But while book-to-film adaptations are getting progressively stupid and pointless like when a dear relative passes into their ninth decade, videogames have a much more chronic problem; they’re beginning to think they are movies. Little Jimmy Ubisoft likes to dress in Momma Paramount’s dresses on occasion and is slowly hatching a plan to kill her off in a freak golfing accident so he can replace her in society, even though he’s about 8 and smells of Wotsits and fear.

Games publishers talk bullshit. When a game claims it’s ‘cinematic’ it means it has expensive graphics. When a game claims it’s ’emotional’ it means it has an over-complicated, under-acted story. When a game claims it’s ‘immersive’, it means it’s paranoid about being shit and praising itself for doing its job. Listen: if your game is not immersive then your game is bad. Immersion is broken by inconsistencies, so if the players are noticing physics glitches and graphical weirdness or it controls like a crab at the helm of a 747 it’s going to pull you out of the experience no matter what the experience was to begin with. If you advertise a visual media as ‘immersive’ you may as well advertise the fact that it makes pictures appear on a screen.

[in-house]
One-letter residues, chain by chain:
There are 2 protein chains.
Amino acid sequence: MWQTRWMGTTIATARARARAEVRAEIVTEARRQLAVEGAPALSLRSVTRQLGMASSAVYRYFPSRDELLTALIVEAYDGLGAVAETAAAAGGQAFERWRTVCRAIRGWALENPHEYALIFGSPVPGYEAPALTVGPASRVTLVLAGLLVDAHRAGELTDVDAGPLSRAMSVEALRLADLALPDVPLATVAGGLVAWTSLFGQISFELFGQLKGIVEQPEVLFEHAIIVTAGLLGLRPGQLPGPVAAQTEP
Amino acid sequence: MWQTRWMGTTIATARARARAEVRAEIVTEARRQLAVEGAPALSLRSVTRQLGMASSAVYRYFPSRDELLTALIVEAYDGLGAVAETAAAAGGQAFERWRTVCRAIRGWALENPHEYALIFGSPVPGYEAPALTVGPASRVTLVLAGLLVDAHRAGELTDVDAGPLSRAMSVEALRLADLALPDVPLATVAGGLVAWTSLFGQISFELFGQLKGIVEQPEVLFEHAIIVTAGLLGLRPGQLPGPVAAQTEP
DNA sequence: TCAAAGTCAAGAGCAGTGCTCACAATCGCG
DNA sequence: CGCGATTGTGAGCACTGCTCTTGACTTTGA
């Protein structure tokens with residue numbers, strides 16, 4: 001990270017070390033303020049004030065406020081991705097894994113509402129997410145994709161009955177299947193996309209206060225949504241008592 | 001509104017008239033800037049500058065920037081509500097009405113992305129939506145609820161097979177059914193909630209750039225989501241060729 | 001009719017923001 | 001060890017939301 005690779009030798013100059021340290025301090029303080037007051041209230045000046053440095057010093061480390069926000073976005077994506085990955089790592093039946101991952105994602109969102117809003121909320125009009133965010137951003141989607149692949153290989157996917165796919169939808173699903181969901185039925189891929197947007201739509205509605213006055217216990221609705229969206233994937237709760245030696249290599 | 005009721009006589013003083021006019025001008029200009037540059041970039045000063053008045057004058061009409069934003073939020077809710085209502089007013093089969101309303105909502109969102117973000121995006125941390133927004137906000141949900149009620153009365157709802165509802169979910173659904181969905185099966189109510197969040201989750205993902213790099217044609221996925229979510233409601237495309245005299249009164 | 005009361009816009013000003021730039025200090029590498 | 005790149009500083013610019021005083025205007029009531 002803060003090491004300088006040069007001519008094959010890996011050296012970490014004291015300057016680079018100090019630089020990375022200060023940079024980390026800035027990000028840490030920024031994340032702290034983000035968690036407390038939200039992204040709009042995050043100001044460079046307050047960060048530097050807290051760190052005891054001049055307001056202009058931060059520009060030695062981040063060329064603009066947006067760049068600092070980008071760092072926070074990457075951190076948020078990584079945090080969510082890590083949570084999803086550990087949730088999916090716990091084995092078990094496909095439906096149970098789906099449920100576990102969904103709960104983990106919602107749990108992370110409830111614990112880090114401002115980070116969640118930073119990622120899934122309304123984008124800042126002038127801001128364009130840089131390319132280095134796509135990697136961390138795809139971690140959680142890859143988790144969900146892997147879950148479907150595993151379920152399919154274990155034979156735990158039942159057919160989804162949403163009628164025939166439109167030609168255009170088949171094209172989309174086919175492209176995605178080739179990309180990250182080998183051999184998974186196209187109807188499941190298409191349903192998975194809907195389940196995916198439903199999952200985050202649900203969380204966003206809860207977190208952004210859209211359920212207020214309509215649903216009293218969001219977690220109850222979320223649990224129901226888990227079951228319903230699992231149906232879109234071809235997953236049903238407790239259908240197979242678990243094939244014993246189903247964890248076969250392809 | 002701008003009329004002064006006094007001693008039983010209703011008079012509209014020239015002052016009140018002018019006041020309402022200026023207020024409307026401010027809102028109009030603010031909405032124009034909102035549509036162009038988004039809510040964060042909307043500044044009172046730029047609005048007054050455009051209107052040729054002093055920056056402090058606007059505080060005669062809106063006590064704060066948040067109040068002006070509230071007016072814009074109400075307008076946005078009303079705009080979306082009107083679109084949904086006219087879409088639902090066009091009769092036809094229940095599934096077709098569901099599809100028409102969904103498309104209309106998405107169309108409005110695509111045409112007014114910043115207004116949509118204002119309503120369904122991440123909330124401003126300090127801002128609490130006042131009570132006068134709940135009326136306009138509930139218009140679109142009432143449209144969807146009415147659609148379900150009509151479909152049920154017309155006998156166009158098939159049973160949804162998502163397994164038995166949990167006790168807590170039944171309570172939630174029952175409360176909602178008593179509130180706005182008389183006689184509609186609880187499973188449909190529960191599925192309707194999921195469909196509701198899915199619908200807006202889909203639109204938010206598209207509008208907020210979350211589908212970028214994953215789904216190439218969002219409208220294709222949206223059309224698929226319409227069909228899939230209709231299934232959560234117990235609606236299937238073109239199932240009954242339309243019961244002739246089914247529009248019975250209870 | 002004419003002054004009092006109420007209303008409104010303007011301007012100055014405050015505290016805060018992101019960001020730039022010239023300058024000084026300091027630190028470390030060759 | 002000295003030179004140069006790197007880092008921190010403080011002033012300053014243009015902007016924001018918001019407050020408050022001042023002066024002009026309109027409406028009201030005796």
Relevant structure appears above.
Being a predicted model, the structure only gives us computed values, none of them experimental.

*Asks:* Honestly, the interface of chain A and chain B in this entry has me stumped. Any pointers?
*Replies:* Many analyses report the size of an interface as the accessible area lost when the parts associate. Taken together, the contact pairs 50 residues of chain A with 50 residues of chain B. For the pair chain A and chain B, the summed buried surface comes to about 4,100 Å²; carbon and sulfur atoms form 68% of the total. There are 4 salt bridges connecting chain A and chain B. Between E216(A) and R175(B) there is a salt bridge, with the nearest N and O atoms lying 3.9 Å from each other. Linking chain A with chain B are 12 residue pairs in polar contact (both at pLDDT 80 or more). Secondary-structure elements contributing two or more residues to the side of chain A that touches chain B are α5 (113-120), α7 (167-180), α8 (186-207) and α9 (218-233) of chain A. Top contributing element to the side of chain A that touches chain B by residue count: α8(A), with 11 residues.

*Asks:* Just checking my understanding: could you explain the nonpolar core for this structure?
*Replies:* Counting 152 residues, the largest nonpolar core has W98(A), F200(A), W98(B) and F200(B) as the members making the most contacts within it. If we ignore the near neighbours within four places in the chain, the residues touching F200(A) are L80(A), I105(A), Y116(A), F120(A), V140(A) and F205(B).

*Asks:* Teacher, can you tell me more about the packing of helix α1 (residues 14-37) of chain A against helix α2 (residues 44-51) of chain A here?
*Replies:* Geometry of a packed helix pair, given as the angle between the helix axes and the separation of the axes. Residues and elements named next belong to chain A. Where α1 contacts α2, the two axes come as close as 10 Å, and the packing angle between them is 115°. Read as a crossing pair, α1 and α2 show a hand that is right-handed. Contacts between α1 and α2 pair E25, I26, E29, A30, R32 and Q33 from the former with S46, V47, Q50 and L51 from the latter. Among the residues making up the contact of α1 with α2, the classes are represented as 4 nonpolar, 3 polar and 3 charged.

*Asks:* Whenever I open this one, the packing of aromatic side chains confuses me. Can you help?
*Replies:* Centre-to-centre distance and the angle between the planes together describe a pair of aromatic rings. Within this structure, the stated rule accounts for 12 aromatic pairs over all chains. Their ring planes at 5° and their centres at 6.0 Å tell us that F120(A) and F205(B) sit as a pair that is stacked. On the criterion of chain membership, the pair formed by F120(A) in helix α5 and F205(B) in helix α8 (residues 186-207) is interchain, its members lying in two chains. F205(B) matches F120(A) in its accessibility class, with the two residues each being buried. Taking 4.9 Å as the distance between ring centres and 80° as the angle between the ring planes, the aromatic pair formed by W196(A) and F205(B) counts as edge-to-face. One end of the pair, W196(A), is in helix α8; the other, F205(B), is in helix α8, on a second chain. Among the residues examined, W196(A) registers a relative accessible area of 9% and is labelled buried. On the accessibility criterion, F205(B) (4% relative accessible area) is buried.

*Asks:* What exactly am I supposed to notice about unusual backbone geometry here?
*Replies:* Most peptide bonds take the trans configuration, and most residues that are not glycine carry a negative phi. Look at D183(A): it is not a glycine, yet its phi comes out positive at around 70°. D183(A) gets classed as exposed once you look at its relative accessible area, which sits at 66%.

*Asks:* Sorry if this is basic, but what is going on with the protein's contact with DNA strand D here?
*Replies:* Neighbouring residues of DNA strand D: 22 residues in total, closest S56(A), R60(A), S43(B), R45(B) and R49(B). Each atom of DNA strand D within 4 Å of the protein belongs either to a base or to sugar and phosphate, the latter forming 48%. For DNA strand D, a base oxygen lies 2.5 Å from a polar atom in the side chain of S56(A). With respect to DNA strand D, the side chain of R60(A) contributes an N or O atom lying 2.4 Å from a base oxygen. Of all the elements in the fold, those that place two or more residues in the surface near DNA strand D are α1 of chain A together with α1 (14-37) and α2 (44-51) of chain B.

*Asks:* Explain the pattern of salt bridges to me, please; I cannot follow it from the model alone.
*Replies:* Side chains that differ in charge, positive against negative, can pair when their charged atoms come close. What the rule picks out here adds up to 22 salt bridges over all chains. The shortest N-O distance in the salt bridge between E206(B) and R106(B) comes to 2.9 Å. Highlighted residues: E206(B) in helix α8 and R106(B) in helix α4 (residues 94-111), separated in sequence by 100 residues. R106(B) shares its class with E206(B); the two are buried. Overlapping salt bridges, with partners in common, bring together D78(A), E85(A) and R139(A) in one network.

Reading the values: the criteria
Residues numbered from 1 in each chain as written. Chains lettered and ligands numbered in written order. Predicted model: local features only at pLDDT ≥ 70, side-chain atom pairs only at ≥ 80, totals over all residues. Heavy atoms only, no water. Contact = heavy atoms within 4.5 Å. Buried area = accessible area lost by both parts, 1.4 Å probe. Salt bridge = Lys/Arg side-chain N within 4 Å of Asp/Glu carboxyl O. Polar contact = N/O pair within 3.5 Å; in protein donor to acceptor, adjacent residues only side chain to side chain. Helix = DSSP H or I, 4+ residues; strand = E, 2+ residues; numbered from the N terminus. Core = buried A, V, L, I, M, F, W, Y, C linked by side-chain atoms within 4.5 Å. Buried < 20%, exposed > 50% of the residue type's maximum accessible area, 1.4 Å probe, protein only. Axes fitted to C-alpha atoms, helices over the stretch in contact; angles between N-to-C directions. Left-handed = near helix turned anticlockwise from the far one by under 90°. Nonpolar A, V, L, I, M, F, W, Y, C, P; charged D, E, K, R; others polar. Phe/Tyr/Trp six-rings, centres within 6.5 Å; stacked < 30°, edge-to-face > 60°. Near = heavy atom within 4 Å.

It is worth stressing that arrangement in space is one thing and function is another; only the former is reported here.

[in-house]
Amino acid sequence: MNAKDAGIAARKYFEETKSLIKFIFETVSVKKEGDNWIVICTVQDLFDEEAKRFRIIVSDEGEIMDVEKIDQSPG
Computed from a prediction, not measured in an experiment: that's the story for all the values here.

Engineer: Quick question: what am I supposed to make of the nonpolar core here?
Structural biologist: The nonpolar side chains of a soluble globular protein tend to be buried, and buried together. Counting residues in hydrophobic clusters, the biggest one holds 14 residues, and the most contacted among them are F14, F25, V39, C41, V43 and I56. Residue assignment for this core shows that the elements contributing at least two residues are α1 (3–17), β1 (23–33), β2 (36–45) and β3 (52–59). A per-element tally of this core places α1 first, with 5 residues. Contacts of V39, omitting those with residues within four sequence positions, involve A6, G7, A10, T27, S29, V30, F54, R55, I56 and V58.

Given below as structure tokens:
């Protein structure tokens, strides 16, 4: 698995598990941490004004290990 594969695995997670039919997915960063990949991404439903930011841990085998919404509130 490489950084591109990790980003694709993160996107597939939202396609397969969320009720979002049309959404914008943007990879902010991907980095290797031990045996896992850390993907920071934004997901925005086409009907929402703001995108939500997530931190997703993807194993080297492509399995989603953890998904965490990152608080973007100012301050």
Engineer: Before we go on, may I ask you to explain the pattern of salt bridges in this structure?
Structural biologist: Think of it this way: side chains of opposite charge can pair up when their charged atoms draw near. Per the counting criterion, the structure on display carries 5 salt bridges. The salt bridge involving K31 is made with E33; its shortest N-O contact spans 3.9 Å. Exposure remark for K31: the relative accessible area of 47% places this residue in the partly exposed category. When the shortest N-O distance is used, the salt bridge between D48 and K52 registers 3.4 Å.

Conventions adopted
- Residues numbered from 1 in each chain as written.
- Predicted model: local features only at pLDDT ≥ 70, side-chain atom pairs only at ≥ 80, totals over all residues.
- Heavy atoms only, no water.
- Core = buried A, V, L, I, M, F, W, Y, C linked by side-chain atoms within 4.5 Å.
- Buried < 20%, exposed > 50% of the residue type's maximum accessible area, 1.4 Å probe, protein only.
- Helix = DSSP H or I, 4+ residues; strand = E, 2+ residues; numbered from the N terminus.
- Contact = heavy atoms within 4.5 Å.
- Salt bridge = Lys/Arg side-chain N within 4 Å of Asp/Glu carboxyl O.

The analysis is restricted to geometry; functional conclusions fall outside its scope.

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‘Cinematic’ is even worse. It means nothing and screams of the desperation of marketing departments trying to ride the coattails of a medium they passed by in profitability somewhere in 2009. More worryingly, however, it implies that marketers or developers or whoever think that visuals are the only important part of a film. If this was the case every film would just be a procession of flashy lights, tits, and fireworks. I can’t be certain, but other than some experimental student art films I highly doubt there has ever been a movie that hasn’t at least tried to tell a story of some kind, no matter if it was good or not. A film can look decent while still being absolute shit, such as every single thing Michael Bay has ever done in his entire career, but the best films have more than that: an excellent plot, clever use of music and set design, good dialogue etc. When a game claims  it’s ‘cinematic’ it’s often artistically good at a level of shallowness not offered by most tea-trays. Controls and gameplay don’t matter since people don’t need to play it, only sit entranced by a giant noisy screen while their body fat slowly fuses to their seat.